Using an IRA to Pay Debts
QUESTION 53: USING AN IRA TO PAY DEBTS
Let's say a person owes money to a variety of places (Yeshiva,
the person who takes care of the lawn, etc), and it is very
difficult to pay these loans from one's salary. Also let's
say the person has an IRA (Individual Retirement Account)
that has been reserved for one's retirement. Taking money
from the IRA incurs certain penalties, in addition to losing
the considerable benefit of the money accruing tax-free
until retirement. To what extent is the person obligated to take
money from the IRA to pay off his debts? To take the question further,
would a person be obligated to take out a second mortgage on one's
home to pay debts? What if a person's investments (in stocks or
real estate) are very illiquid, and currently at a depressed
value, would he be obligated to liquidate the investments at
a loss to pay such debts?
A person should think very carefully before touching an IRA,
because those funds are for the entire family. In some way,
the money is like a kesubah (marriage contract). A person
shouldn't take money that is reserved for a kesubah to pay
expenses, because a husband is responsible to keep it for his
On the other hand, a person must understand how much money
is really needed in an IRA account. I once talked with a
couple, and between the two of them they made $126,000 a year.
They were fighting like cats and dogs that they didn't have
enough money to live on. I asked them for a list of how they
spent their money. It turned out that they had so many retirement
plans, and so many investment plans, that it was three times as
much as was necessary. They were damaging their family life
because of their excessive concern with retirement funds.
It is a very serious thing to pay a Yeshiva. If the Yeshiva
is not paid adequately, it transgresses lo solin (the Torah
prohibition against delaying payment) because it then can't
pay its teachers on time.
Taking out a second mortgage is sometimes an advisable route
for someone who is in considerable debt. But there are two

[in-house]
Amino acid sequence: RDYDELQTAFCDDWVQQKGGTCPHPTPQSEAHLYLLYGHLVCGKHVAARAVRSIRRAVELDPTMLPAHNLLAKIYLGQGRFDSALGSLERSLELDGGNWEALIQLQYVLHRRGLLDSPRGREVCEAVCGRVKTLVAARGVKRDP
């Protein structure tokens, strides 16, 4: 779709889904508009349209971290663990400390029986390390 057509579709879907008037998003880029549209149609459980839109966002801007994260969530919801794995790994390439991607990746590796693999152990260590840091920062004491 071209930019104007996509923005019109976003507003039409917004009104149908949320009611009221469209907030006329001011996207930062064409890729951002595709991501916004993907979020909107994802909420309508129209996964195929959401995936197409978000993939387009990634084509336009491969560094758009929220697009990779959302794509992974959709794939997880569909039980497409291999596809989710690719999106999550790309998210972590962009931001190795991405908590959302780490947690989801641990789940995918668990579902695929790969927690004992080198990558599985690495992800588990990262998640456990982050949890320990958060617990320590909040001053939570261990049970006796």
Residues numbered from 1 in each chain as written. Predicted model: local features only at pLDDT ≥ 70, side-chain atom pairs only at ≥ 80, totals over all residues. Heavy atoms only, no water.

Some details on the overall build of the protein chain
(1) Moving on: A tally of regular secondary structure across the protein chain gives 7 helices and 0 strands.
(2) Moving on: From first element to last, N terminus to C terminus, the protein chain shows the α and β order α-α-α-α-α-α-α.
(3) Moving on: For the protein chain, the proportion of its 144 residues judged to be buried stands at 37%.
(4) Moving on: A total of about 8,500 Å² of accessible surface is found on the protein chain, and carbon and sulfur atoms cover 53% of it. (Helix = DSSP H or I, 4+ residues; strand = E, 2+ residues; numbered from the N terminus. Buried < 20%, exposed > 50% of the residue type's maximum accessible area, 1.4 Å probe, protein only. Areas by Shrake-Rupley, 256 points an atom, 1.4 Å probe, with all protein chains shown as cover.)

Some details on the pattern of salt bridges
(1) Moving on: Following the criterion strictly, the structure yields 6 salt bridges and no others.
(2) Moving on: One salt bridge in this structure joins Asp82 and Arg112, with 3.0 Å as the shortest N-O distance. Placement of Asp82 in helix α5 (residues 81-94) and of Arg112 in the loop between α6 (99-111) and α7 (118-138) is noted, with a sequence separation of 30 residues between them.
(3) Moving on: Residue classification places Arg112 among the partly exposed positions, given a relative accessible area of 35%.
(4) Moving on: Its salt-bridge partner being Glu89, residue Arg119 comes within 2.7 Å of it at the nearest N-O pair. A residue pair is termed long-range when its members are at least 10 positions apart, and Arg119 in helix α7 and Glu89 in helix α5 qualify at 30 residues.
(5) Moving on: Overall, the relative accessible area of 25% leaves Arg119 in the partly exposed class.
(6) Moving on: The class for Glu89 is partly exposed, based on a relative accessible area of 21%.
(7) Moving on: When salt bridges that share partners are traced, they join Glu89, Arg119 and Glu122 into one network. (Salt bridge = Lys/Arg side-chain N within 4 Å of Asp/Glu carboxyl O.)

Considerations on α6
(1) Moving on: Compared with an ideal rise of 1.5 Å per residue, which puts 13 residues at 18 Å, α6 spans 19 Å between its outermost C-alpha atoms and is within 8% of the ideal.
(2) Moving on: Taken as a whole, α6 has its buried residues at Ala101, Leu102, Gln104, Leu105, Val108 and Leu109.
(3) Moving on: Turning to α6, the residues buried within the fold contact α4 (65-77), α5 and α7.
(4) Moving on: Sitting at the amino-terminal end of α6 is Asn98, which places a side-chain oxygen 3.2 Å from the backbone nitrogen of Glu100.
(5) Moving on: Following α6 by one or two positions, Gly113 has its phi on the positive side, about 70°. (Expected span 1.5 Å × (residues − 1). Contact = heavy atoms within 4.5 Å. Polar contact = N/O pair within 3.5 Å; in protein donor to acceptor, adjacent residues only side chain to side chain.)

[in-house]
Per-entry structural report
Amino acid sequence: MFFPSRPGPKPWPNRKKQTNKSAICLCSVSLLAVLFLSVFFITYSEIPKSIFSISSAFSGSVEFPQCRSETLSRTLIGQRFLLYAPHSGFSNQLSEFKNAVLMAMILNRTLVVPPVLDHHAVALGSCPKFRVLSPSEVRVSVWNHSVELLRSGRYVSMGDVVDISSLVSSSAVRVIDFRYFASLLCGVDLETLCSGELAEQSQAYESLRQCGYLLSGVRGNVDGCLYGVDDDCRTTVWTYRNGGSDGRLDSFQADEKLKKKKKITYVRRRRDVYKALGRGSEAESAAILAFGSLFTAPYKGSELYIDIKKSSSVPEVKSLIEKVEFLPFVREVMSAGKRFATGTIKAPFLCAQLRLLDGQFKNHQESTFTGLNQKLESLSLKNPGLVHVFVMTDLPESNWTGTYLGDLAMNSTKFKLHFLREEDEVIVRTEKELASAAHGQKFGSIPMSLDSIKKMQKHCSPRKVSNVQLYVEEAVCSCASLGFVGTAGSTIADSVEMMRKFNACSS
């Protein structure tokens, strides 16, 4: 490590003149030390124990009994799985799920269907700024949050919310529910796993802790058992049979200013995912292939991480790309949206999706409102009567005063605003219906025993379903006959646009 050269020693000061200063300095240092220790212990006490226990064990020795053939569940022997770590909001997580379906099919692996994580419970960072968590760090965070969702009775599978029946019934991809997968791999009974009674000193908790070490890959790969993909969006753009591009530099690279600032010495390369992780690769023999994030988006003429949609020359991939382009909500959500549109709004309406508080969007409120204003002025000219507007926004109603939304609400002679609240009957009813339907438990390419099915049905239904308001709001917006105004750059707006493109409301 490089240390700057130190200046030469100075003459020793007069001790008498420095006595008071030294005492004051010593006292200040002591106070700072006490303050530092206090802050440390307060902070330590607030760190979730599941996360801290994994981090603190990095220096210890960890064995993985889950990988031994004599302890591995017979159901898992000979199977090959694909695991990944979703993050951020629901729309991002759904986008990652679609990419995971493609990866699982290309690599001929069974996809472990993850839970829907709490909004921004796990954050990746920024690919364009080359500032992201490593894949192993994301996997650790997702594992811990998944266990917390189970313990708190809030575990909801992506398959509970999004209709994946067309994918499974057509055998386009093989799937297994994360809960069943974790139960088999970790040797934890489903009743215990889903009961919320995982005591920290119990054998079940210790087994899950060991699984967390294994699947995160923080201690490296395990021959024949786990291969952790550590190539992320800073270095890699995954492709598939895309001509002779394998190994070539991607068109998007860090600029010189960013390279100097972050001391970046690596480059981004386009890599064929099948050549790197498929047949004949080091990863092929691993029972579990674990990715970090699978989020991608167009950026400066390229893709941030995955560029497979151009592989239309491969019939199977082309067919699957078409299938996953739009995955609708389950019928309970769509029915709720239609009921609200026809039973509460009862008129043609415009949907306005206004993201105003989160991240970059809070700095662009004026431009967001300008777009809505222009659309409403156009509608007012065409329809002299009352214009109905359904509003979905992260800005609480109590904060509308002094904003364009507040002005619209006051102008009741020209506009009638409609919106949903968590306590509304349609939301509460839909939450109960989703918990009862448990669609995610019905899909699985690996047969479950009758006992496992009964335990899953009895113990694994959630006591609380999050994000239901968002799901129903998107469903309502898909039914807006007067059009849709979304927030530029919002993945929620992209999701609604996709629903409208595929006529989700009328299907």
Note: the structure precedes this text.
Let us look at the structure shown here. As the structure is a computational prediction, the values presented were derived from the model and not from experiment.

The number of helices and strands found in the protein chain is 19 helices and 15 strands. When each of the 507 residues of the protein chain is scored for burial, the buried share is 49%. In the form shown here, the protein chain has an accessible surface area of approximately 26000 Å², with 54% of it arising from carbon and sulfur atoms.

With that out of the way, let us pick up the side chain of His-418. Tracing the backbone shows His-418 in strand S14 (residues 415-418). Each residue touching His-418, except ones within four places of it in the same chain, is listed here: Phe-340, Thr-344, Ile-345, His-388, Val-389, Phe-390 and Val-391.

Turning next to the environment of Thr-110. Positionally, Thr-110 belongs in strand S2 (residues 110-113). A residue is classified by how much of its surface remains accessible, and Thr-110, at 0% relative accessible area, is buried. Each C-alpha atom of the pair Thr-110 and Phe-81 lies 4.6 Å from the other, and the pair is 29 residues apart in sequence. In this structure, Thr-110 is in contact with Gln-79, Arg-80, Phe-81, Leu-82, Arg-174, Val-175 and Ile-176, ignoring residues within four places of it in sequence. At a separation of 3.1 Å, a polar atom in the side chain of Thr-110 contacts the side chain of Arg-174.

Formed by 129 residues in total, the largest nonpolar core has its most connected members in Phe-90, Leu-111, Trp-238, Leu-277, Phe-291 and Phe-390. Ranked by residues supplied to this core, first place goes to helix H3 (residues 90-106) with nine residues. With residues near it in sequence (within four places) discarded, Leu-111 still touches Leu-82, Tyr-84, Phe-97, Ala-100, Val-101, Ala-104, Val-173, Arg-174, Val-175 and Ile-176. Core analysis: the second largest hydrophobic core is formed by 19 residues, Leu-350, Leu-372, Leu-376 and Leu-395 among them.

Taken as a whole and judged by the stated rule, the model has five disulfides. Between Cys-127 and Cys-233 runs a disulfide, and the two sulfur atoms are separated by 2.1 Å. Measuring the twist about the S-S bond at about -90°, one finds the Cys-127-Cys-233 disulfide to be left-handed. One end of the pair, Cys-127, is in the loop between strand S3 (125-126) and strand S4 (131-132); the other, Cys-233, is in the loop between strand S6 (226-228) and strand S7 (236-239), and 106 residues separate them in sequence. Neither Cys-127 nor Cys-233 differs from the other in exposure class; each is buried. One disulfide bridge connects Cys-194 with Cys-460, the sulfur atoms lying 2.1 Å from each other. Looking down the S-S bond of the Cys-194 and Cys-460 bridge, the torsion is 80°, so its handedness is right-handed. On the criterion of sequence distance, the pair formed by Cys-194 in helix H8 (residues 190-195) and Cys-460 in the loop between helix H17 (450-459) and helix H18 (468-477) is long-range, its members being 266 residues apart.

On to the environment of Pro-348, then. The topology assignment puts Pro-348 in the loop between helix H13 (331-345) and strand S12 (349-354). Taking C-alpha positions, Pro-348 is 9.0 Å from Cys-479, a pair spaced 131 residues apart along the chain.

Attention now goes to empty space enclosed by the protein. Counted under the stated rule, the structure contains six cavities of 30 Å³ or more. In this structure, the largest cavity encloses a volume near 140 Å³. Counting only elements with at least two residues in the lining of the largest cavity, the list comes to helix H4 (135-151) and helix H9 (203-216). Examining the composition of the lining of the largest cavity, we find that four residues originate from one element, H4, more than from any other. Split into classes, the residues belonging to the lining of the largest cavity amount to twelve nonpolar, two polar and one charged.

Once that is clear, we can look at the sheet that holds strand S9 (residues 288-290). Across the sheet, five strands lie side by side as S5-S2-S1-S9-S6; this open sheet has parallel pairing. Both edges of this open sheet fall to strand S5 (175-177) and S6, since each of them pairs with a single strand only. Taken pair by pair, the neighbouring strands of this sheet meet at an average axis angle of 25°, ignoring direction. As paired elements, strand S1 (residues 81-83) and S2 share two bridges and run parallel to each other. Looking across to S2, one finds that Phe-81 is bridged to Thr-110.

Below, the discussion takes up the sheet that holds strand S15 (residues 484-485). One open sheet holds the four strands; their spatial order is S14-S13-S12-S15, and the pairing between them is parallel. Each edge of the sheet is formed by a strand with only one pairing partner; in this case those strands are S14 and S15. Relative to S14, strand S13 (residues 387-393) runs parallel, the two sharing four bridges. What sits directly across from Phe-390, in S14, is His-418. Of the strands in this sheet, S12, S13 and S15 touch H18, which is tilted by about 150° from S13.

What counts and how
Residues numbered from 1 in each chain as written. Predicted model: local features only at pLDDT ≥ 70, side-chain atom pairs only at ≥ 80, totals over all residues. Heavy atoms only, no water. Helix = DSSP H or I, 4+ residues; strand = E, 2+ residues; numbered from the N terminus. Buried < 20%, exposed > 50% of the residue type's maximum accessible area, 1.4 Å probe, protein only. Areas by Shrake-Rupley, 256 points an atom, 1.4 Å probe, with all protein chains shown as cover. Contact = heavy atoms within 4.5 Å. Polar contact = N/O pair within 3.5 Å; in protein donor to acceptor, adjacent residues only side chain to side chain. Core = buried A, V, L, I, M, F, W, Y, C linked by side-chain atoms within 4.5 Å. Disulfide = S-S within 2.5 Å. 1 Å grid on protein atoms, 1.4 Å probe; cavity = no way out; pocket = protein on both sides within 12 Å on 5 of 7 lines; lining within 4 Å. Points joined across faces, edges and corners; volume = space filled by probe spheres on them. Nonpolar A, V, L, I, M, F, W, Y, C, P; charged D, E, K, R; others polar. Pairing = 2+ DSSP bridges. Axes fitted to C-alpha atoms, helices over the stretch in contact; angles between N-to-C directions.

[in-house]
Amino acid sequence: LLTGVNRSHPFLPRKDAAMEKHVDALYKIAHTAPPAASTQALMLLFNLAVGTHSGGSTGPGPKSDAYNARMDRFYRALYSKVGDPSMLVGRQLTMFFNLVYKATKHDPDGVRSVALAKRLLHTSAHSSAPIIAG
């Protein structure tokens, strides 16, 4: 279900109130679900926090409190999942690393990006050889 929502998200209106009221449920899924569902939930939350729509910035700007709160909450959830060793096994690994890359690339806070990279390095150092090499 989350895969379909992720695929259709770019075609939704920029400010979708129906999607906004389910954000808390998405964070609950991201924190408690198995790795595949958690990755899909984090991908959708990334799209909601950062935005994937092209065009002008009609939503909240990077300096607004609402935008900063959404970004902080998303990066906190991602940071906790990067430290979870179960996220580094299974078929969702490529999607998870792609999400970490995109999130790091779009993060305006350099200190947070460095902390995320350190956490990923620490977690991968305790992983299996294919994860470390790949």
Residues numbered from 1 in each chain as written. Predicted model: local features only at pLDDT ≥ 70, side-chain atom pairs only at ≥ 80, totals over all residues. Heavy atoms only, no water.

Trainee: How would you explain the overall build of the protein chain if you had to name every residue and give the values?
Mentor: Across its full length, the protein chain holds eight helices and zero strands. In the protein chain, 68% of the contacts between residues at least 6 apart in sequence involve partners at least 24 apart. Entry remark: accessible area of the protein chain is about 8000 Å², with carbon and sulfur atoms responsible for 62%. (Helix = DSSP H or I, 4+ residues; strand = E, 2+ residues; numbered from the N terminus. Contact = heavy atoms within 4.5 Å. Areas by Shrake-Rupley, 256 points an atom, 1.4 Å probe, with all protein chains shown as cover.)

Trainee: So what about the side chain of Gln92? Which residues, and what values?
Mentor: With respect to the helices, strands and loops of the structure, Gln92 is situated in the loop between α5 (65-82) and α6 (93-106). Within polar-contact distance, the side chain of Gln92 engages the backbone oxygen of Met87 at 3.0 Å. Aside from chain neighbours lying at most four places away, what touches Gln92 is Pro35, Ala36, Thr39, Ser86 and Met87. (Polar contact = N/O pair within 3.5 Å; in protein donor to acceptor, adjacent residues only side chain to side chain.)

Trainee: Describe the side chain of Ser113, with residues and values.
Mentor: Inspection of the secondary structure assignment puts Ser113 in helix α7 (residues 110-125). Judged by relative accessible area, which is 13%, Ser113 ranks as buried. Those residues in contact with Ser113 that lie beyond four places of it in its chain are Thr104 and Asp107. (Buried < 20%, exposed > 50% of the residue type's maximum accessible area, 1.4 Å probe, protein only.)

critical considerations. The first is that the person should
first shop for the best loan, and do this very carefully. The
interest rate should not be high. Secondly, people should never
do such things unless they are financially responsible. A person
must be able to do an accounting to make sure he is assured of
paying the loan back, otherwise there's a risk of losing his house.
In addition, a person must limit his expenses. A person will
find there are many things that he can do without - for example,
expensive vacations, and so on.
Finally, if stocks or real estate are at a depressed value, a
person is not, according to Chazal (Torah sages) obligated to
sell, but can instead take tzedakah. A person can wait until
the value rebounds.
Yeshiva payments should not be considered a loan. People have
no right to take the money they owe a Yeshiva and use it to
buy personal items. It is used to pay salaries.
NEXT WEEK'S QUESTION 54: CHECK-OUT LINE IN SUPERMARKET
I was shopping at Pathmark with my wife and was ready to get
into a check-out line. I saw that the express lines that accept
12 items or less were fairly short, and the non-express lines were
very backed up, possibly because the store was short on help. I
counted 16 items in my shopping cart. I was extremely tired, it
was 10:30 at night, so I took 4 items and told my wife "We'll wait
in line and pay separately". She thought it was wrong, but I said
there's no rule that says we have to check out our items together.
She said it may not be literally wrong, but how does it look, and
if someone else notices they will be upset. Is it wrong? What
if we waited on separate lines?
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